One of the City Council’s more preposterous actions took place recently when it passed a highly greased bill handing $850,000 in cash to a multi-billion-dollar company.
Winn-Dixie is the recipient. All the company has to do to “earn” the money is open a grocery in the Gateway Shopping Center.
Paying a private business to do what it does is called “economic development” in City Haul.
Ever more preposterous is the justification: It was necessary to prevent a “food desert,” the politicians claim.
This nonsensical term is bandied about by liberals. As defined in Jacksonville, it means there is no grocery within one mile.
Because driving more than one mile is a hardship?
The handout was so important that it had a dozen sponsors, including the mayor, when it was introduced as an “emergency.” (Ten council members can pass a bill.) It whizzed through council in two weeks.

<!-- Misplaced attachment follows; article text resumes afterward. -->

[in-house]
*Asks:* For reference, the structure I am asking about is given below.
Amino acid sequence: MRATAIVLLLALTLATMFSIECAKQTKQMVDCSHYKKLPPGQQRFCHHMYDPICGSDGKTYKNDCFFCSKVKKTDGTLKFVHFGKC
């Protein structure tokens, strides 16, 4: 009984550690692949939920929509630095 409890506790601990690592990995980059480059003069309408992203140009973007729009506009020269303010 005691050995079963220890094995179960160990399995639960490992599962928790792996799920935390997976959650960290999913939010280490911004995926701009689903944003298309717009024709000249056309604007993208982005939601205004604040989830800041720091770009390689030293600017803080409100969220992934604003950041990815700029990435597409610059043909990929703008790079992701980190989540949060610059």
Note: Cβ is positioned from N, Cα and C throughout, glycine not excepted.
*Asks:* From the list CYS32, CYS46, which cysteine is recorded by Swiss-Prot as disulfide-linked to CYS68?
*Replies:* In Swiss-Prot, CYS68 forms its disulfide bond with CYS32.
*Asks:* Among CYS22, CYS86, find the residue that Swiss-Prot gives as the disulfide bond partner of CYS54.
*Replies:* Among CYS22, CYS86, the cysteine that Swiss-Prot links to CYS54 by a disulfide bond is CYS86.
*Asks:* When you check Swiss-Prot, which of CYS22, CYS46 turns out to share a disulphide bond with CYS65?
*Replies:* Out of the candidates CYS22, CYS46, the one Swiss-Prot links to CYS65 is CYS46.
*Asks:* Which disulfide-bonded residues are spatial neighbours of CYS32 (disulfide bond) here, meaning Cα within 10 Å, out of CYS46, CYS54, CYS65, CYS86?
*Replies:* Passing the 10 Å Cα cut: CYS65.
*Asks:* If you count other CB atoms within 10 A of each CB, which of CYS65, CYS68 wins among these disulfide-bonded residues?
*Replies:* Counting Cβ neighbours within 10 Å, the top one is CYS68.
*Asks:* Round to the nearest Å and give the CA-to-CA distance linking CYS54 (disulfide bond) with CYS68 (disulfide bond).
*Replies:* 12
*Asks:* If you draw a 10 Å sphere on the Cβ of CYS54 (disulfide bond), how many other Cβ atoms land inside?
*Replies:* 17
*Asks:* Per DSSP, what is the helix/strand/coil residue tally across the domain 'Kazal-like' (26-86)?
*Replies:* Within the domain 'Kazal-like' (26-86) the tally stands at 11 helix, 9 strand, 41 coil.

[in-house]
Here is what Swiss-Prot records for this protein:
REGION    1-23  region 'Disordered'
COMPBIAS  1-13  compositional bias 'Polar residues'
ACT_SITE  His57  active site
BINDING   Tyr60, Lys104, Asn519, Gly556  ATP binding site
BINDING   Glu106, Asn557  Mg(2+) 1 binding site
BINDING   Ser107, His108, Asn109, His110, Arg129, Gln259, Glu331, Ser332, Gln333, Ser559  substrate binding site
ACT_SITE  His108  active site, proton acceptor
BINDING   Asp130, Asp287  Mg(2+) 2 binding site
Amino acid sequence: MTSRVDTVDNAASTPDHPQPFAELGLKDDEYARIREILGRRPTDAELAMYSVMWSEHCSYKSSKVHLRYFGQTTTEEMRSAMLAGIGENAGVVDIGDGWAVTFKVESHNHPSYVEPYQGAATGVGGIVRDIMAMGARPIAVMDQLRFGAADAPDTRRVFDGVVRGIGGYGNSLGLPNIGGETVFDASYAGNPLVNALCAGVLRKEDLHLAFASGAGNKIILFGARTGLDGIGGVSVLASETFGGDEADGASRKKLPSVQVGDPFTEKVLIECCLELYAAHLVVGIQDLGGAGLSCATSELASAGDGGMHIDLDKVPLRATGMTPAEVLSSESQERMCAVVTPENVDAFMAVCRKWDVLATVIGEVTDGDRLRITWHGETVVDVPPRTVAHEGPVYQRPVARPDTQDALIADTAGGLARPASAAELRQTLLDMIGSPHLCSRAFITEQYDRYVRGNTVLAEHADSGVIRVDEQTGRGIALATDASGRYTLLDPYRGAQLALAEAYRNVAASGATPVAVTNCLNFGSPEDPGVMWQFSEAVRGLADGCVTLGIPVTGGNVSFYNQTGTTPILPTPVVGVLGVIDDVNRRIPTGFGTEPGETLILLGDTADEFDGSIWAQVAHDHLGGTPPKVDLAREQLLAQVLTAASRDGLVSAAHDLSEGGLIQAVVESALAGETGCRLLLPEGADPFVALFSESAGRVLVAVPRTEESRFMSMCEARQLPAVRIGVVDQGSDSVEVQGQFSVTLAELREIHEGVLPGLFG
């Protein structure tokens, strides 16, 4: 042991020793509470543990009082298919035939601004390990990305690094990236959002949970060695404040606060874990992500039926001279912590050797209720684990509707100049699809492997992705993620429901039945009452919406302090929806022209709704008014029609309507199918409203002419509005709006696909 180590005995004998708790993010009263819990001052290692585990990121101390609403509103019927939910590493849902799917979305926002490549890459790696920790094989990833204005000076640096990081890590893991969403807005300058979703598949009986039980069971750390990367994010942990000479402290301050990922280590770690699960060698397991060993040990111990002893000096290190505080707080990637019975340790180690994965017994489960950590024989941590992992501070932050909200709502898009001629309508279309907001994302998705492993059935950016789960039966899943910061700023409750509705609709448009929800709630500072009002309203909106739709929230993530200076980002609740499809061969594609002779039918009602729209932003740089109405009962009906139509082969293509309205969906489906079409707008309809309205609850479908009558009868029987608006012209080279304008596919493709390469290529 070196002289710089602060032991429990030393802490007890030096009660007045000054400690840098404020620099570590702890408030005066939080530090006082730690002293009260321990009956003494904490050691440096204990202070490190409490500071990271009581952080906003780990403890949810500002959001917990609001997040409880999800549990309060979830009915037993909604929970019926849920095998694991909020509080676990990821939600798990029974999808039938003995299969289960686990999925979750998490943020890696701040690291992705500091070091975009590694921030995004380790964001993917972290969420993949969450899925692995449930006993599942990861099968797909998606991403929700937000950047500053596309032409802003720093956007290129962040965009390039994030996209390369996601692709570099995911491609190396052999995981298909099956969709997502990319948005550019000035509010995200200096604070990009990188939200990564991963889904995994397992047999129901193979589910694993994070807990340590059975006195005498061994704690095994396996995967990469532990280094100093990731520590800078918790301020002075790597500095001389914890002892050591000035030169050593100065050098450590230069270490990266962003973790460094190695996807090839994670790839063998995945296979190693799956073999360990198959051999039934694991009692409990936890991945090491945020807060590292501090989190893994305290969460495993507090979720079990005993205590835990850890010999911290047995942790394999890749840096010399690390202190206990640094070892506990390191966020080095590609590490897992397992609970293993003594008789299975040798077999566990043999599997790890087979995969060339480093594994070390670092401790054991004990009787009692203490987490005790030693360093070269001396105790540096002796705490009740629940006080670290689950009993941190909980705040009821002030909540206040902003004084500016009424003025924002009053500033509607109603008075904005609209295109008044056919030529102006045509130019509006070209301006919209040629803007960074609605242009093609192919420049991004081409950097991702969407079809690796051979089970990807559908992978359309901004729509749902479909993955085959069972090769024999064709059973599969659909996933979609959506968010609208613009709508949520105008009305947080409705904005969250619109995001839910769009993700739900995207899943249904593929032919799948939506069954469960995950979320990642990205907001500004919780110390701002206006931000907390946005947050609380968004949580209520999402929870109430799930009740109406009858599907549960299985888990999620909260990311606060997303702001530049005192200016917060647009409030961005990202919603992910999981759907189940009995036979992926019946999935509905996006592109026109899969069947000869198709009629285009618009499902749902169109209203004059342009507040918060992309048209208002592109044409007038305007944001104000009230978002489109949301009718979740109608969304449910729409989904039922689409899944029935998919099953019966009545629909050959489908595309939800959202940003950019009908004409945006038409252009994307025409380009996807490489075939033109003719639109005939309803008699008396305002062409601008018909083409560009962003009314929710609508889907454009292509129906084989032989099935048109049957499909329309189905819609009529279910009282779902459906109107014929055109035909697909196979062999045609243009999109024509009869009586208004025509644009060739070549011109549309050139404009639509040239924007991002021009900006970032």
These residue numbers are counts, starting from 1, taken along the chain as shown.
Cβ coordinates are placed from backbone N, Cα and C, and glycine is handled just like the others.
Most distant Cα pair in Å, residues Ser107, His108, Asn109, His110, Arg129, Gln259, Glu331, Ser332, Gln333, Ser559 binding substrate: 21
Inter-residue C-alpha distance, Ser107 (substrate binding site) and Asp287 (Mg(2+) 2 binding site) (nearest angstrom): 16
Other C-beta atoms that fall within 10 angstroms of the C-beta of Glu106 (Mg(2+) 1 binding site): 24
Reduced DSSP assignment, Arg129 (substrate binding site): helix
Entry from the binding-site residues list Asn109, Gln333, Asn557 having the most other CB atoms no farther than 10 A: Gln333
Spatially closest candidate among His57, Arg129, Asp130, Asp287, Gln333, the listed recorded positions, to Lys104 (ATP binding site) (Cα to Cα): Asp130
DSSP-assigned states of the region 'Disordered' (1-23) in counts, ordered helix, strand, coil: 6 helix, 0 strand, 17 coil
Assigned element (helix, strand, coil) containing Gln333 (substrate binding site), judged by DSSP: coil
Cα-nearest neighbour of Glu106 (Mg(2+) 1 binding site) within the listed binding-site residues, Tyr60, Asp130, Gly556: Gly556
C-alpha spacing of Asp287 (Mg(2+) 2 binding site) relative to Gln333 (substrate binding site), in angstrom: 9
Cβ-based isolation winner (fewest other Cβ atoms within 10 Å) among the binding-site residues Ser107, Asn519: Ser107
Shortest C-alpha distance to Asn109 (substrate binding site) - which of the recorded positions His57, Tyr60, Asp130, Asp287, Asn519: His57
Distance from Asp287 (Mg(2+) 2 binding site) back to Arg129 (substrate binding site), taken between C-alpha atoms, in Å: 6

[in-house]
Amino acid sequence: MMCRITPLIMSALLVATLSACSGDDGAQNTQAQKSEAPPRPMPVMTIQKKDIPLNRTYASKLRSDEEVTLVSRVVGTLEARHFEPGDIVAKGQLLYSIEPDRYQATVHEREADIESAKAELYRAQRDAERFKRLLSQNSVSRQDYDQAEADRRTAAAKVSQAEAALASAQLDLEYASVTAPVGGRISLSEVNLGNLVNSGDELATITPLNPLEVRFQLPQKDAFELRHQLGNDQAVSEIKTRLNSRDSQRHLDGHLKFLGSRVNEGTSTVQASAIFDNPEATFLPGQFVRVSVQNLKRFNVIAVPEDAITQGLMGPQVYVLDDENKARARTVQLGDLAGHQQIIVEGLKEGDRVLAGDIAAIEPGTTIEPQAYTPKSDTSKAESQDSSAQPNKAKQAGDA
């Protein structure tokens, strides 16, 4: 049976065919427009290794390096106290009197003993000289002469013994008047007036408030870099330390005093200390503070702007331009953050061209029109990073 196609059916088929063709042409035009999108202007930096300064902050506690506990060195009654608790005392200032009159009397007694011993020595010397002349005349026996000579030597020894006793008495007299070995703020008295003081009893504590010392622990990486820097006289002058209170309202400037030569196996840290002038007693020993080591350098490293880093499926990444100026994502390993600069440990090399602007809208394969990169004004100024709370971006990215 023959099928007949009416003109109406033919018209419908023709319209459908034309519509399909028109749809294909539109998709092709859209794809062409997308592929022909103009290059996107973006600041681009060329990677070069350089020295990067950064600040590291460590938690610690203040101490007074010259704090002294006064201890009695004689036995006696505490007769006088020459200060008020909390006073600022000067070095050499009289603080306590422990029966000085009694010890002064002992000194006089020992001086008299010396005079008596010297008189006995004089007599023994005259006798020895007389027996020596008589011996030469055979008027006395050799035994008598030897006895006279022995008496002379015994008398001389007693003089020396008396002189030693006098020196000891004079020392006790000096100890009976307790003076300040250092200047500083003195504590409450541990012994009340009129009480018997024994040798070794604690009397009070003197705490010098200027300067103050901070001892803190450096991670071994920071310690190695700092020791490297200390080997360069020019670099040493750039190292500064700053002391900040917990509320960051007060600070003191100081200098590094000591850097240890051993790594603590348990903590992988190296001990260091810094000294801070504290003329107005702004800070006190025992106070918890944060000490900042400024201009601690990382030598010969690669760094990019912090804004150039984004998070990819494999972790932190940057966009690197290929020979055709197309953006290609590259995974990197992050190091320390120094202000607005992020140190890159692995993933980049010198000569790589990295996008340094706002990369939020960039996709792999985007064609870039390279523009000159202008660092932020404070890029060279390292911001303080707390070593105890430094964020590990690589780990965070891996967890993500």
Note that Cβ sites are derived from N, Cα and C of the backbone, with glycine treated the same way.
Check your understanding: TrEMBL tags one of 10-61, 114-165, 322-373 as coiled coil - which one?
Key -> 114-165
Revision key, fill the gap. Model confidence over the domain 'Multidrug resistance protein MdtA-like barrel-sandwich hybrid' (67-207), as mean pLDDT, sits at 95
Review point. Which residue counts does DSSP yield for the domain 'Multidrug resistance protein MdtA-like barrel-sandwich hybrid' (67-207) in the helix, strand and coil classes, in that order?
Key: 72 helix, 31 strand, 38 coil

Publix has a grocery at the Northside shopping center but it plans to close it, presumably because it is not making a sufficient profit because not enough people choose to shop there.
Winn-Dixie won’t have that problem, at least for a while, thanks to the generous Christmas gift from the city of Jacksonville’s taxpayers.
Both stores claim to have the lowest prices, so it isn’t clear why shoppers are more likely to shop at Winn-Dixie, unless Winn-Dixie uses the free money to lower prices, which seems unlikely.
People aren’t starving in the so-called “desert” so if they have been buying food at Publix they have been buying it from the dozen other groceries within a few miles of Gateway. Unless they are growing their own food, of course.
The money comes from the NW Jacksonville Economic Development Fund-Supermarket Incentive Program. The council sponsors were Reggie Gaffney, Sam Newby, Rory Diamond, Matt Carlucci, Garrett Dennis, Al Ferraro, Terrance Freeman, Aaron Bowman, Ron Salem, Tommy Hazouri and Ju’Coby Pittman.
Winn-Dixie may be “the beef people” but in this case it looks more like pork.